504 Matching Results

Search Results

Advanced search parameters have been applied.

Unabated emission source term estimate for the 340-NX stack

Description: This document contains the sampling procedure, analytical results, and source term estimate from sampling work conducted on the main stack for the 340 Facility`s vault ventilation system. Several air filter and carbon cartridges were collected upstream of the KI off-gas control modules in order to determine the challenge source terms associated with various operating modes (e.g., under routine waste storage, during waste mixing, during waste transfer, etc.)
Date: March 19, 1997
Creator: Stordeur, R.T. & Glissmeyer, J.A., Fluor Daniel Hanford
Partner: UNT Libraries Government Documents Department

Machine-inudced backgrounds: their origin and loads on ATLAS/CMS

Description: A detailed analysis of machine-induced backgrounds (MIB) in the LHC collider detectors is performed with focus on origin and rates for three sources: tertiary beam halo, beam-gas interactions and kicker prefire. Particle fluxes originating from these operational and accidental beam losses are carefully calculated with the MARS15 code and presented at the entrance to the ATLAS and CMS experimental halls. It is shown that background rates in detector subsystems strongly depend on the origin of MIB, particle energy and type. Using this source term, instantaneous and integrated loads on the detectors and impact on the detector performance can be derived.
Date: May 1, 2008
Creator: Mokhov, N.V.; /Fermilab; Weiler, T. & /CERN
Partner: UNT Libraries Government Documents Department

A weighted adjoint-source for weight-window generation by means of a linear tally combination

Description: A new importance estimation technique has been developed that allows weight-window optimization for a linear combination of tallies. This technique has been implemented in a local version of MCNP and effectively weights the adjoint source term for each tally in the combination. Optimizing weight window parameters for the linear tally combination allows the user to optimize weight windows for multiple regions at once. In this work, we present our results of solutions to an analytic three-tally-region test problem and a flux calculation on a 100,000 voxel oil-well logging tool problem.
Date: January 1, 2009
Creator: Sood, Avneet; Booth, Thomas E & Solomon, Clell J
Partner: UNT Libraries Government Documents Department

A perturbation expansion approach to solving the electromagnetic induction problem in three dimensions.

Description: We address the electromagnetic induction problem for fully 3D geologic media and present a solution to the governing Maxwell equations based on a power series expansion. The coefficients in the series are computed using the adjoint method assuming an underlying homogeneous reference model. These solutions are available analytically for point dipole source terms and lead to rapid calculation of the expansion coefficients. First order solutions are presented for a model study in petroleum geophysics composed of a multi-component induction sonde proximal to a fault within a compartmentalized hydrocarbon reservoir.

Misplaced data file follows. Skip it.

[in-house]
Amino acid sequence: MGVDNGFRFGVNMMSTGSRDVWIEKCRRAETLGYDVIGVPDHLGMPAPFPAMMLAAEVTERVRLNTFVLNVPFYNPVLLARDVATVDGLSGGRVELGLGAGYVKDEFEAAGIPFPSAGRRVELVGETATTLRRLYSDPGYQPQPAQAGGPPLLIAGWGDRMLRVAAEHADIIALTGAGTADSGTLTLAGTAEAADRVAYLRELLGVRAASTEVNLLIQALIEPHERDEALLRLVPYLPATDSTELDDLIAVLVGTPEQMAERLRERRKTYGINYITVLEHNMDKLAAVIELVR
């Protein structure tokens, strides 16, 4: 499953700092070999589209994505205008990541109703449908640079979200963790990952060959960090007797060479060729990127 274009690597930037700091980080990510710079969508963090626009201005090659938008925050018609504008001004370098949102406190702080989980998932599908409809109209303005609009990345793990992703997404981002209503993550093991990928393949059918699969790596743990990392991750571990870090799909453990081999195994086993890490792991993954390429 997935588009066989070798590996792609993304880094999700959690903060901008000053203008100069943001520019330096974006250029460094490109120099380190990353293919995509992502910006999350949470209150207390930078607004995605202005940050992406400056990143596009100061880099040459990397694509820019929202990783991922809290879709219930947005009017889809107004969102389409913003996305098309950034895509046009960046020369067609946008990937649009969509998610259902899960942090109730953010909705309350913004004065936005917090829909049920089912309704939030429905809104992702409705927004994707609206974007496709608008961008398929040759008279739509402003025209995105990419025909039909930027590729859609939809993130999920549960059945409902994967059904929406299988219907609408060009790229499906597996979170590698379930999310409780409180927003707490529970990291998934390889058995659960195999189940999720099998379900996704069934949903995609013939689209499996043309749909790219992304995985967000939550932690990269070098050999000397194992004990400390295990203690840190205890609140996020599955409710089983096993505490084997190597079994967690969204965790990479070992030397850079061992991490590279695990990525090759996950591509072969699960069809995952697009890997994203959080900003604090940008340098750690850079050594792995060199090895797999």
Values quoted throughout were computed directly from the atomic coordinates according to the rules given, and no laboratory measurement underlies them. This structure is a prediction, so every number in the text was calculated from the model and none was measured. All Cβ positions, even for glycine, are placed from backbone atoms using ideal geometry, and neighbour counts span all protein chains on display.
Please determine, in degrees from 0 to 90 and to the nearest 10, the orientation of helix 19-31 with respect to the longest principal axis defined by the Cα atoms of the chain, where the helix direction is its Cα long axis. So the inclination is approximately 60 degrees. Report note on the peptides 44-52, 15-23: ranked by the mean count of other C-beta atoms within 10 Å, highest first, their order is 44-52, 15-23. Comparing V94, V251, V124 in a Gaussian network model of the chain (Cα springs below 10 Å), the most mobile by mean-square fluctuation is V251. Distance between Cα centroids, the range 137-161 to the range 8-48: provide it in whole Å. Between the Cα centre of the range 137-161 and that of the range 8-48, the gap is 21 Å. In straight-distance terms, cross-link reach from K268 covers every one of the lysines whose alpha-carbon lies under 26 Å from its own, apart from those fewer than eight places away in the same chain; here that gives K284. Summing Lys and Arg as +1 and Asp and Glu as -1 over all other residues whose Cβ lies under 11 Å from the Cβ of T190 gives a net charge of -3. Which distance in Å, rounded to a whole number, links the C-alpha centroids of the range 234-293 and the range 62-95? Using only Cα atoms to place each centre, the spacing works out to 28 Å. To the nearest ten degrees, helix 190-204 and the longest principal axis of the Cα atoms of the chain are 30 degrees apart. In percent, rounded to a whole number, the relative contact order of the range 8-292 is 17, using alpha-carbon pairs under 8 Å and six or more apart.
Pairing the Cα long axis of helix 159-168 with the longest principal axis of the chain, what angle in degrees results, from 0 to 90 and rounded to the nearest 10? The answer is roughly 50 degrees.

Date: October 1, 2003
Creator: Tobin, Harold (New Mexico Tech, Socorro, NM); Natek, Nancy H. & Weiss, Chester Joseph
Partner: UNT Libraries Government Documents Department

Dynamic Data-Driven Event Reconstruction for Atmospheric Releases

Description: Accidental or terrorist releases of hazardous materials into the atmosphere can impact large populations and cause significant loss of life or property damage. Plume predictions have been shown to be extremely valuable in guiding an effective and timely response. The two greatest sources of uncertainty in the prediction of the consequences of hazardous atmospheric releases result from poorly characterized source terms and lack of knowledge about the state of the atmosphere as reflected in the available meteorological data. In this report, we discuss the development of a new event reconstruction methodology that provides probabilistic source term estimates from field measurement data for both accidental and clandestine releases. Accurate plume dispersion prediction requires the following questions to be answered: What was released? When was it released? How much material was released? Where was it released? We have developed a dynamic data-driven event reconstruction capability which couples data and predictive models through Bayesian inference to obtain a solution to this inverse problem. The solution consists of a probability distribution of unknown source term parameters. For consequence assessment, we then use this probability distribution to construct a ''''composite'' forward plume prediction which accounts for the uncertainties in the source term. Since in most cases of practical significance it is impossible to find a closed form solution, Bayesian inference is accomplished by utilizing stochastic sampling methods. This approach takes into consideration both measurement and forward model errors and thus incorporates all the sources of uncertainty in the solution to the inverse problem. Stochastic sampling methods have the additional advantage of being suitable for problems characterized by a non-Gaussian distribution of source term parameters and for cases in which the underlying dynamical system is non-linear. We initially developed a Markov Chain Monte Carlo (MCMC) stochastic methodology and demonstrated its effectiveness by reconstructing a wide range ...